Match 38
4th March 1931
FA Cup 6th Round Replay
Exeter City v Sunderland

F. A. Cup – Sixth Round Replay.

Wednesday, March 4th 1931.

Match Report #1 
Written in 1931.

City fail to reach Semi-Final.

Sunderland Win at St James’s Park After Gruelling Contest

From about nine o’clock yesterday morning onwards, rain fell steadily in the city of Exeter, and almost without intermission, all day and all last night, and again all this morning.

Optimists believed, somehow, that the conditions would improve in time for the match, but the playing pitch was waterlogged, of course, and still likely to be, and the wet weather was a big disappointment for the intending thousands of spectators, there being only a very scanty bit of covered accommodation at St James’s Park outside the grandstand.

Excursionists from Sunderland put in an appearance in force this morning, at nine o’clock or just after, the party numbering about two hundred. For the most part they sported the red and white colours common to both teams, but a few wore rosettes of white, the Wearsiders colours for today.

Sprinting Referee.

Mr A.E. Fogg, of Bolton, the referee, was among those who paid a visit to the Exeter City ground this morning. He inspected the playing pitch and took the opportunity of doing a spell of sprinting to loosen his limbs in readiness for the match.

There was a regular procession of telegraph messenger boys between the General Post Office and St James’s Park, dozens of telegrams of good wishes and good luck being received from all parts of the country and beyond, one coming from Devonians aboard a warship at Monte Video.

Exeter City players and officials had lunch together at Dellers’ before the match. The Sunderland team and officials, whose comments on the weather in Devon were unkind, to say the least, were at the Royal Clarence Hotel.

Exeter relied on the eleven which drew at Roker, and which has carried them so far in the Cup this season, but the visitors were without Morris, their right half, who is down with the flu. Hastings was moved from the left to the right flank, and Andrews, a former first-team player, stepped into the vacancy on the left.

Exeter City’s Appreciation.

Many Exeter business houses closed down for the afternoon to allow employees of these firms to see the Cup match, and other firms made special arrangements so that as many workers as could be spared could attend at the Park. And the elementary schools of the city were closed for the afternoon. The Exeter City club, in their official programme for today, expressed their appreciation of the sportsmanship shown by the Sunderland club both on the field and in the Board Room at Roker, last Saturday, and also of the very hearty reception to which the City players had been the recipients on their return from the North East coast.

By two o’clock there were fully 14,000 people inside St James’s Park, and the turnstiles were clicking at a great rate.

“Dido’s Day!” was the general comment when the spectators saw the waterlogged playing pitch, and pictured the old seagull mascot taking his bath in the puddles. As in the case of the Leeds United match the juveniles were allowed inside the railings, but this time they stood because of the water. All the time the drizzle descended, and the misty air was more like a November effect than a day in March. Every seagull passing overhead was cheered lustily by the spectators. By 2.45 o’clock the popular banks looked full to overflowing, but still more people squeezed in. The field lines were marked out with sawdust, and there were liberal patches of sawdust and sand directly in front of the goals. But the playing pitch became wetter and wetter, and so did most of the spectators.

Exeter City :-​ Davies; Baugh, Miller; Clarke, Angus, Barber; Armfield, Purcell, Varco, Houghton and Doncaster.

Sunderland:-​ Middleton; Hall; Shaw; Hastings; McDougall; Andrews; Eden; Devine Gurney; Leonard, and Connor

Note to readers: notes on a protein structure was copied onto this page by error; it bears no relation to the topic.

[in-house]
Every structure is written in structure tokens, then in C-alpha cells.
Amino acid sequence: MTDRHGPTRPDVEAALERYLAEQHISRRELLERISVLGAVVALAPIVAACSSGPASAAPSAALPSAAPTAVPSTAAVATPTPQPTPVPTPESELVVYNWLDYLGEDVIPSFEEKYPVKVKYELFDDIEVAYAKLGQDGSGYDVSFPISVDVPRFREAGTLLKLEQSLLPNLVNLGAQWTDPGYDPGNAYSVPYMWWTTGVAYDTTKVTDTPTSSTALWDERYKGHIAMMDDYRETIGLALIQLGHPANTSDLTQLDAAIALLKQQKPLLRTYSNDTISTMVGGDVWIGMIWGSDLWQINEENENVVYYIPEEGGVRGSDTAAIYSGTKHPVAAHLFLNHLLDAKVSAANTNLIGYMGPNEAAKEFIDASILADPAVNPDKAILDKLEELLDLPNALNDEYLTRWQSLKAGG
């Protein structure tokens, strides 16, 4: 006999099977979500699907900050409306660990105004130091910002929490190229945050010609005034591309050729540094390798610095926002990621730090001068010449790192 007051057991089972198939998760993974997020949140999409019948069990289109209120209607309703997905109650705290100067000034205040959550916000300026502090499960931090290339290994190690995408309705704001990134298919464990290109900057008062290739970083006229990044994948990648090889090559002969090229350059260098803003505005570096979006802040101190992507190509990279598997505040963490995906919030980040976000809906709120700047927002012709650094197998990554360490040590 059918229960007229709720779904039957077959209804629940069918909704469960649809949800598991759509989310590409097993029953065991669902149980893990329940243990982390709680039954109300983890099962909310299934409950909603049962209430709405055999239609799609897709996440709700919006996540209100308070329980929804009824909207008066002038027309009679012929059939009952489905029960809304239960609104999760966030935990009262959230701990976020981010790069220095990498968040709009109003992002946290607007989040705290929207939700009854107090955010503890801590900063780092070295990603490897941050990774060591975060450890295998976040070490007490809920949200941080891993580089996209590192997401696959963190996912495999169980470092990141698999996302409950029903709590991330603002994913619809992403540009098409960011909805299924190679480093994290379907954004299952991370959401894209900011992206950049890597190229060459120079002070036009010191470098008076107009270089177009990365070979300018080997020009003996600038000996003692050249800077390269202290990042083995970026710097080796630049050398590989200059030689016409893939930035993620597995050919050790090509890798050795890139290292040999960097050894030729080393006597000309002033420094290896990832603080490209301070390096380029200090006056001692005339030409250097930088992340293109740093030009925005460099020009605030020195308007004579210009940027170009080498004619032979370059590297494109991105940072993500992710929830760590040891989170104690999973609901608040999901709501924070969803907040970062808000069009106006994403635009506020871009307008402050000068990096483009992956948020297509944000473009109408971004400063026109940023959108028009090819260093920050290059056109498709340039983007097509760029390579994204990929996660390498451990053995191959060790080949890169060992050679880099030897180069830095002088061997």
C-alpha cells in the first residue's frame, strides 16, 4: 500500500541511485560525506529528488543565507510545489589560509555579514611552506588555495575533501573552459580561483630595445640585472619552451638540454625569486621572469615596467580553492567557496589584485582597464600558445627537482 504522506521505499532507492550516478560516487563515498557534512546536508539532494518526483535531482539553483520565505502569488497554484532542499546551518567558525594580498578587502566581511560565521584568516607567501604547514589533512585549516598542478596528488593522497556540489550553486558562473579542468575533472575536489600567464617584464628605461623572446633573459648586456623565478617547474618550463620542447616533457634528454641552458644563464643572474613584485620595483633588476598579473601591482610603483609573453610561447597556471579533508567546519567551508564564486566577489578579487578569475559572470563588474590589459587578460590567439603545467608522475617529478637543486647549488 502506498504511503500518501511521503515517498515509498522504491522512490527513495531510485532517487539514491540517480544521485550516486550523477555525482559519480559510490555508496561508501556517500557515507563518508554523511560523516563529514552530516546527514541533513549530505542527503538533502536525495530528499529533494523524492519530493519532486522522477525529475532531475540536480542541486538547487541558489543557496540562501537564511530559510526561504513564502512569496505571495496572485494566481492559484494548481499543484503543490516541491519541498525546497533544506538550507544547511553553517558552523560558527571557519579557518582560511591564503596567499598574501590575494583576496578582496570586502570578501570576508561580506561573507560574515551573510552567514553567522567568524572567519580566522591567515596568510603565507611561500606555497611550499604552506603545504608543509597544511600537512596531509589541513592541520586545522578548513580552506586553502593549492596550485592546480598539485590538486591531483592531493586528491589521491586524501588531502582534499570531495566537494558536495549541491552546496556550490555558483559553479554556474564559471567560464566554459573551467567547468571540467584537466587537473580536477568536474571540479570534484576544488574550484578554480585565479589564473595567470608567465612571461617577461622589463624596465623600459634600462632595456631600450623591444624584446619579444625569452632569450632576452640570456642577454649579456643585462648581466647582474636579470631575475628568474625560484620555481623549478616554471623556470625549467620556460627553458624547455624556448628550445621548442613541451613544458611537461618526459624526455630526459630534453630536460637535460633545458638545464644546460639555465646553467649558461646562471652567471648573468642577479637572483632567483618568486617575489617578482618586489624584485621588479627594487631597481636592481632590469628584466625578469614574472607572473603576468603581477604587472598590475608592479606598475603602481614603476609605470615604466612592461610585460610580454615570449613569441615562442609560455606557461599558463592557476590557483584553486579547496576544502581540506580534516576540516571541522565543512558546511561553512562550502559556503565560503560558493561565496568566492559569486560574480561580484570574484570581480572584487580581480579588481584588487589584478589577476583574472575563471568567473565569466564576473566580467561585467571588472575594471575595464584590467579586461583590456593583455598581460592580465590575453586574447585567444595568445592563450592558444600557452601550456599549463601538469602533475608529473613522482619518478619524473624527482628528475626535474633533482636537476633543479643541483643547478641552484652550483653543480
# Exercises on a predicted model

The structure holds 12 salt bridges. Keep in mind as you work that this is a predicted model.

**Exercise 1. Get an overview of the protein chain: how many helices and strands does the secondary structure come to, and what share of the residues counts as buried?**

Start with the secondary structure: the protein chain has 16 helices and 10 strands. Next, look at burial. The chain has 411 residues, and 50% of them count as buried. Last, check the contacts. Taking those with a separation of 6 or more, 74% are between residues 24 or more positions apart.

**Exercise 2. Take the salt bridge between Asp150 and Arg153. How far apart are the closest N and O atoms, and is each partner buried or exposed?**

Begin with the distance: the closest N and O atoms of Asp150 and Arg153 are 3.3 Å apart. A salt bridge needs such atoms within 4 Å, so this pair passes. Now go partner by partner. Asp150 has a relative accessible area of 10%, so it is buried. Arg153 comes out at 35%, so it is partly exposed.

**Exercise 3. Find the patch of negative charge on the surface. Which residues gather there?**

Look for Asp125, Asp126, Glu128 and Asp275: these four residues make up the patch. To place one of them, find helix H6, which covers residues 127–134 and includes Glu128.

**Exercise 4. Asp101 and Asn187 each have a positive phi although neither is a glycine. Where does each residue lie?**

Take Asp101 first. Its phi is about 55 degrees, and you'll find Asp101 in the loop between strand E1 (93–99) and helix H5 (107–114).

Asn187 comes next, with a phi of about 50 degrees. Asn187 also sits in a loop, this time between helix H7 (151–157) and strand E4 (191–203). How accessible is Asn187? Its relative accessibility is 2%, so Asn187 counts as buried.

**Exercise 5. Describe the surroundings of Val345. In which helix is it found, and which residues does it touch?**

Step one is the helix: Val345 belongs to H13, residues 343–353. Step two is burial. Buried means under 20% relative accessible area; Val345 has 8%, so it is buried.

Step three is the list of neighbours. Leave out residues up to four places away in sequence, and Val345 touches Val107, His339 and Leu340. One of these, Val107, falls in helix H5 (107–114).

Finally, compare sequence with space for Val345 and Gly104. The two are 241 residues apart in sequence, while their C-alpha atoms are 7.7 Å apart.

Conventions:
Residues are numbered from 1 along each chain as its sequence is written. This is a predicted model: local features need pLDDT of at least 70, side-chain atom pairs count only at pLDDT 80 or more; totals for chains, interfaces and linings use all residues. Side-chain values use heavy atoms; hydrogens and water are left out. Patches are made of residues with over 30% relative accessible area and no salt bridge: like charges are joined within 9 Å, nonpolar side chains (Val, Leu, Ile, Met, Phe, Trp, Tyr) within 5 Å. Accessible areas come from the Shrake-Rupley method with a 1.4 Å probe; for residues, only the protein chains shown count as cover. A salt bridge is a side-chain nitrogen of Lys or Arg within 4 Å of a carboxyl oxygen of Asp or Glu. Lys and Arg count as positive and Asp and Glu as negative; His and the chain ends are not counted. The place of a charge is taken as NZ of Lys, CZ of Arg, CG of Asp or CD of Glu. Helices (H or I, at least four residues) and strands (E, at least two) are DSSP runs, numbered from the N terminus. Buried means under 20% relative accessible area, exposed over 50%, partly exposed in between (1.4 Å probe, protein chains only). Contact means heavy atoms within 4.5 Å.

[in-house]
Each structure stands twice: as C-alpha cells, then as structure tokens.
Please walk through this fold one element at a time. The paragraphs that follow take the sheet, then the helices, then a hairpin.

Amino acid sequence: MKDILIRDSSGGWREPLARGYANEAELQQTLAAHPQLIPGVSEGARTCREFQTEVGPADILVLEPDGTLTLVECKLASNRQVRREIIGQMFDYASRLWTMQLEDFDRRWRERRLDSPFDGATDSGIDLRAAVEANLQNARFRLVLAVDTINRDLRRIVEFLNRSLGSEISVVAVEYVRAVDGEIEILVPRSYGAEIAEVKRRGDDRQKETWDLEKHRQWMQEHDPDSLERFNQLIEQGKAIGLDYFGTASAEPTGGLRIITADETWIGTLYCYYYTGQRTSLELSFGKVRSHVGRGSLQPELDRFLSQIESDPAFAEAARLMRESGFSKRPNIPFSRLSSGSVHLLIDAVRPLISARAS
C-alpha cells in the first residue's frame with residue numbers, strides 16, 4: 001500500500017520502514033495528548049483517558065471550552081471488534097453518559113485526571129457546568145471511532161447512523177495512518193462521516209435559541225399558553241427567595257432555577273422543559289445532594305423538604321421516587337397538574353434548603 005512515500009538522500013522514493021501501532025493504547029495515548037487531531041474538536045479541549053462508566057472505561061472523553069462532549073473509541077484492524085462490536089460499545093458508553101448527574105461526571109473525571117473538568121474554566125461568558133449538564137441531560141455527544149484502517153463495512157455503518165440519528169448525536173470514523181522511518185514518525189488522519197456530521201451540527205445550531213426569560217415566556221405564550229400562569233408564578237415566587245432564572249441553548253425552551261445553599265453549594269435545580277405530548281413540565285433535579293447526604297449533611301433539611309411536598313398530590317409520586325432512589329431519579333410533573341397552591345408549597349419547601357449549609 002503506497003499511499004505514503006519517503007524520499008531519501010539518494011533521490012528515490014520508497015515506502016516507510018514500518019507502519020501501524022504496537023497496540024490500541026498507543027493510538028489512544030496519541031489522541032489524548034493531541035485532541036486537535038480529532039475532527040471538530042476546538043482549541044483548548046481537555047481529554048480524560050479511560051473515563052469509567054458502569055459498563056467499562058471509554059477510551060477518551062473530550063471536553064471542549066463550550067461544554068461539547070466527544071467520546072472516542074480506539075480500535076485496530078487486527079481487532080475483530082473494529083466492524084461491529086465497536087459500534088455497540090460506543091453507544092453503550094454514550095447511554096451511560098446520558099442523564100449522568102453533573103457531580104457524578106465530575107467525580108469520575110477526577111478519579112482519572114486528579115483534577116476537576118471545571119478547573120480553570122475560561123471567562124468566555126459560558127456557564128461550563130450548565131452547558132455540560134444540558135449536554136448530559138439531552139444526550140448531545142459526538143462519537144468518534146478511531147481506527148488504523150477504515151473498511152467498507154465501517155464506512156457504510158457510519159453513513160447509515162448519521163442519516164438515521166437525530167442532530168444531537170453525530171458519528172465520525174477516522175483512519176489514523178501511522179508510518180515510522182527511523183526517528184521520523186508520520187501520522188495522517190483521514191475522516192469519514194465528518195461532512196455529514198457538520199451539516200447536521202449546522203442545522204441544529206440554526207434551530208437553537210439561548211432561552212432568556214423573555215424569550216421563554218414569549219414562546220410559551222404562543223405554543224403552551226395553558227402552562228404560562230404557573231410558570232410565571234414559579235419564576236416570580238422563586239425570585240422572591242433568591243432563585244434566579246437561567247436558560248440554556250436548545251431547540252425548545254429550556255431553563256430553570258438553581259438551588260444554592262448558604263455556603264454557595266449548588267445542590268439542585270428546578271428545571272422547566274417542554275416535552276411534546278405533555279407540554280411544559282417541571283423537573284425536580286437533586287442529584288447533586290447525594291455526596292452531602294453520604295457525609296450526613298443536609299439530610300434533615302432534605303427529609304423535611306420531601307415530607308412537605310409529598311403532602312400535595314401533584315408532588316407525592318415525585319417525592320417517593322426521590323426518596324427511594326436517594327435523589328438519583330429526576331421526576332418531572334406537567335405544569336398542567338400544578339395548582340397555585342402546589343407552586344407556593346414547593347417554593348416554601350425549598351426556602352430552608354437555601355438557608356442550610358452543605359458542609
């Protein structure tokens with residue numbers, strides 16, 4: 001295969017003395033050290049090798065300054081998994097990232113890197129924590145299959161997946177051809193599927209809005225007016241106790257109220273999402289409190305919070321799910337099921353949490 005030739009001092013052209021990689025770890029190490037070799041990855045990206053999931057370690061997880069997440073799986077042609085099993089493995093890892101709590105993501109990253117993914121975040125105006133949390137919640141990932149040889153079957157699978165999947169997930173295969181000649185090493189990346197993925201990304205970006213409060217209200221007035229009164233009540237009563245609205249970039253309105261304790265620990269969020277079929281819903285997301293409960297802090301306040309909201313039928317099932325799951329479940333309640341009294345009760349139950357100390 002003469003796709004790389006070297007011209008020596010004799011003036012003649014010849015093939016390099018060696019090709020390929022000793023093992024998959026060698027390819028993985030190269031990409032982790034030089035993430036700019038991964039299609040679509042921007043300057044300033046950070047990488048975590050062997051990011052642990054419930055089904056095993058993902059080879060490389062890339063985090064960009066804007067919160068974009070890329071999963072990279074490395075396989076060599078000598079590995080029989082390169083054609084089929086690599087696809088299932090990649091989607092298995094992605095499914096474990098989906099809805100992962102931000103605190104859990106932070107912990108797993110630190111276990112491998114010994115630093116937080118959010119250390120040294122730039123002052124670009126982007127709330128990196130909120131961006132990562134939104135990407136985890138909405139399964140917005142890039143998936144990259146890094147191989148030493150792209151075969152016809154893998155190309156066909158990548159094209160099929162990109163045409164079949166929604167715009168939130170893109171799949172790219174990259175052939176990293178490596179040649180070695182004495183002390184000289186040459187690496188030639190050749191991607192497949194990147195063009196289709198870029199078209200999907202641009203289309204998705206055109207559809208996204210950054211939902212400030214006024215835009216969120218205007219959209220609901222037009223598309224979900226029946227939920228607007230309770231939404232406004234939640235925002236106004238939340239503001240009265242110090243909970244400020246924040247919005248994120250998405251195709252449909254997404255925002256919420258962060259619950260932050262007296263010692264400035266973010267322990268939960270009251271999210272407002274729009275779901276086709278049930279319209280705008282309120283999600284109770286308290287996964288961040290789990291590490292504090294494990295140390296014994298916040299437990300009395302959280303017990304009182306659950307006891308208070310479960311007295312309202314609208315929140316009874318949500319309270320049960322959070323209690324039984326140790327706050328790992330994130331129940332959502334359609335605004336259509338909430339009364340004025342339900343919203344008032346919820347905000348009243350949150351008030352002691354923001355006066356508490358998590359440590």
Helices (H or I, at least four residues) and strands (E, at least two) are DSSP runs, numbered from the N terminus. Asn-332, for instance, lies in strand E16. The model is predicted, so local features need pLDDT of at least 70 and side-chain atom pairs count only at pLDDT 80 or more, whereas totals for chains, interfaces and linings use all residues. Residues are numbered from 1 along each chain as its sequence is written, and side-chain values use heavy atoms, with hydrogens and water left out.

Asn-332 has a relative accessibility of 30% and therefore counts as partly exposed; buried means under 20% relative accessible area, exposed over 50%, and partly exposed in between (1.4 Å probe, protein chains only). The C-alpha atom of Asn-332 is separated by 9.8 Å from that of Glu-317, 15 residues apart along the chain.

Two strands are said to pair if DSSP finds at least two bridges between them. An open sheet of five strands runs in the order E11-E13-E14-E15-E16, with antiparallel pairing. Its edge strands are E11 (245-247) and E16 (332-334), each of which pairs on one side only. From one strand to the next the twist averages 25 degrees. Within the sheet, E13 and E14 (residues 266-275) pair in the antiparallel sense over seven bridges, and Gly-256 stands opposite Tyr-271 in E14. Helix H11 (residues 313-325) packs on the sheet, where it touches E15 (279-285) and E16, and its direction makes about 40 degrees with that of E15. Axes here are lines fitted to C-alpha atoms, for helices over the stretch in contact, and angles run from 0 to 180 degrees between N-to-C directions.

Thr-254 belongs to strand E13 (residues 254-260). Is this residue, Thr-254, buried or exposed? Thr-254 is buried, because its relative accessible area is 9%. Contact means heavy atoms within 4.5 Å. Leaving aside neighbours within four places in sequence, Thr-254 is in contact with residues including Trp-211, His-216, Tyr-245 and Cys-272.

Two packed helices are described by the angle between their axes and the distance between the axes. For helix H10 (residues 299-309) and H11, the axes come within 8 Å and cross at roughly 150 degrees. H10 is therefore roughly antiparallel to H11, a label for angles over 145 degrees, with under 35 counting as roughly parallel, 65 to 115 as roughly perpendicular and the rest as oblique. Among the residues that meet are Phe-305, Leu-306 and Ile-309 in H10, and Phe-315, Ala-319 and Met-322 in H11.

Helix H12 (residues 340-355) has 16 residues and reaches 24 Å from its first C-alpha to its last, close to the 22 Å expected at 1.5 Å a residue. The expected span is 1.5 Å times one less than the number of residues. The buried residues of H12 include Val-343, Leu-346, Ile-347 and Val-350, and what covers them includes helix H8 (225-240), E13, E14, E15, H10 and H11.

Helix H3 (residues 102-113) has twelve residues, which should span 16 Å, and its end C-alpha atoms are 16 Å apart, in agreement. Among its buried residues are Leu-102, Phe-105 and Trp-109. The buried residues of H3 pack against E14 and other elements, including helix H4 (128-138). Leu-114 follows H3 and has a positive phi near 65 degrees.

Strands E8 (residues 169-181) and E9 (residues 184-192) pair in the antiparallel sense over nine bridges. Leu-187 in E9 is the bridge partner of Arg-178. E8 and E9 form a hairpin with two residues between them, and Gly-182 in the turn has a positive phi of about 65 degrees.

Referee:- Mr A.E. Fogg, of Bolton.
Linesmen:- Messrs R.J. Kidby, of Gloucester, and C.A. Webb, of Somerset.

As the teams came out the Exeter City Military Band, under the conductorship of Mr George Newman, played “There’s a Good Time Coming,” just as they did at the Leeds United game. Sunderland, led by McDougall, were first out, then a mighty cheer and the ringing of countless handbells signalled the appearance on the field of Charlie Miller and the Exeter team. A record number of Press photographers picked their way through the water and mud to the centre of the field to “snap” the referee and the captains. McDougall won the toss, but it carried no advantage on such a day.

Fine Clearance by Angus.

The game opened at a great pace, and when Devine sent Eden away on the right wing with a lovely pass Angus cleared finally. Davies saved a shot from Gurney which was lacking in power, and at the other end the Sunderland backs were kept on the alert by the nippy work of Varco and Houghton.

Varco tested Middleton with a shot from long range, and then the visitors got through cleverly on their left wing, and from Connor’s pass Gurney tried to beat Angus with the ball. Exeter’s young centre half was equal to the move, and turned the ball aside for a corner. The flag kick was easily cleared, but Sunderland pressed again and forced another, the centre from Eden falling on top of the net. Keen midfield play followed, with Sunderland showing clever combination and Exeter any amount of energy. The Sunderland half backs were a big power in the game, and Exeter were kept busy defending. A beautiful bit of work by Purcell threatened the Sunderland goal, and a hectic passage in front of the posts followed, the ball eventually going behind for a goal kick.

After fifteen minutes Sunderland took the lead with a simple goal, a pass by Gurney to Conner finding the left winger unmarked. Connor tried an immediate cross-shot and it proved a very good one, finding the far corner of the net with Davies completely beaten.

Houghton and Doncaster showed up well after this, but Sunderland stood firm and again the splendid passing movements of the visitors compelled the City to remain on the defensive. Baugh’s heading and tackling were excellent, but the City half backs apart from Angus were not playing well.

Clever work by Hastings and Eden pulled the Exeter defence to pieces, and a fine pass was sent through to Gurney, who took full advantage, steadying the ball and shooting low just inside the far post. So in 22 minutes Sunderland led by two clear goals.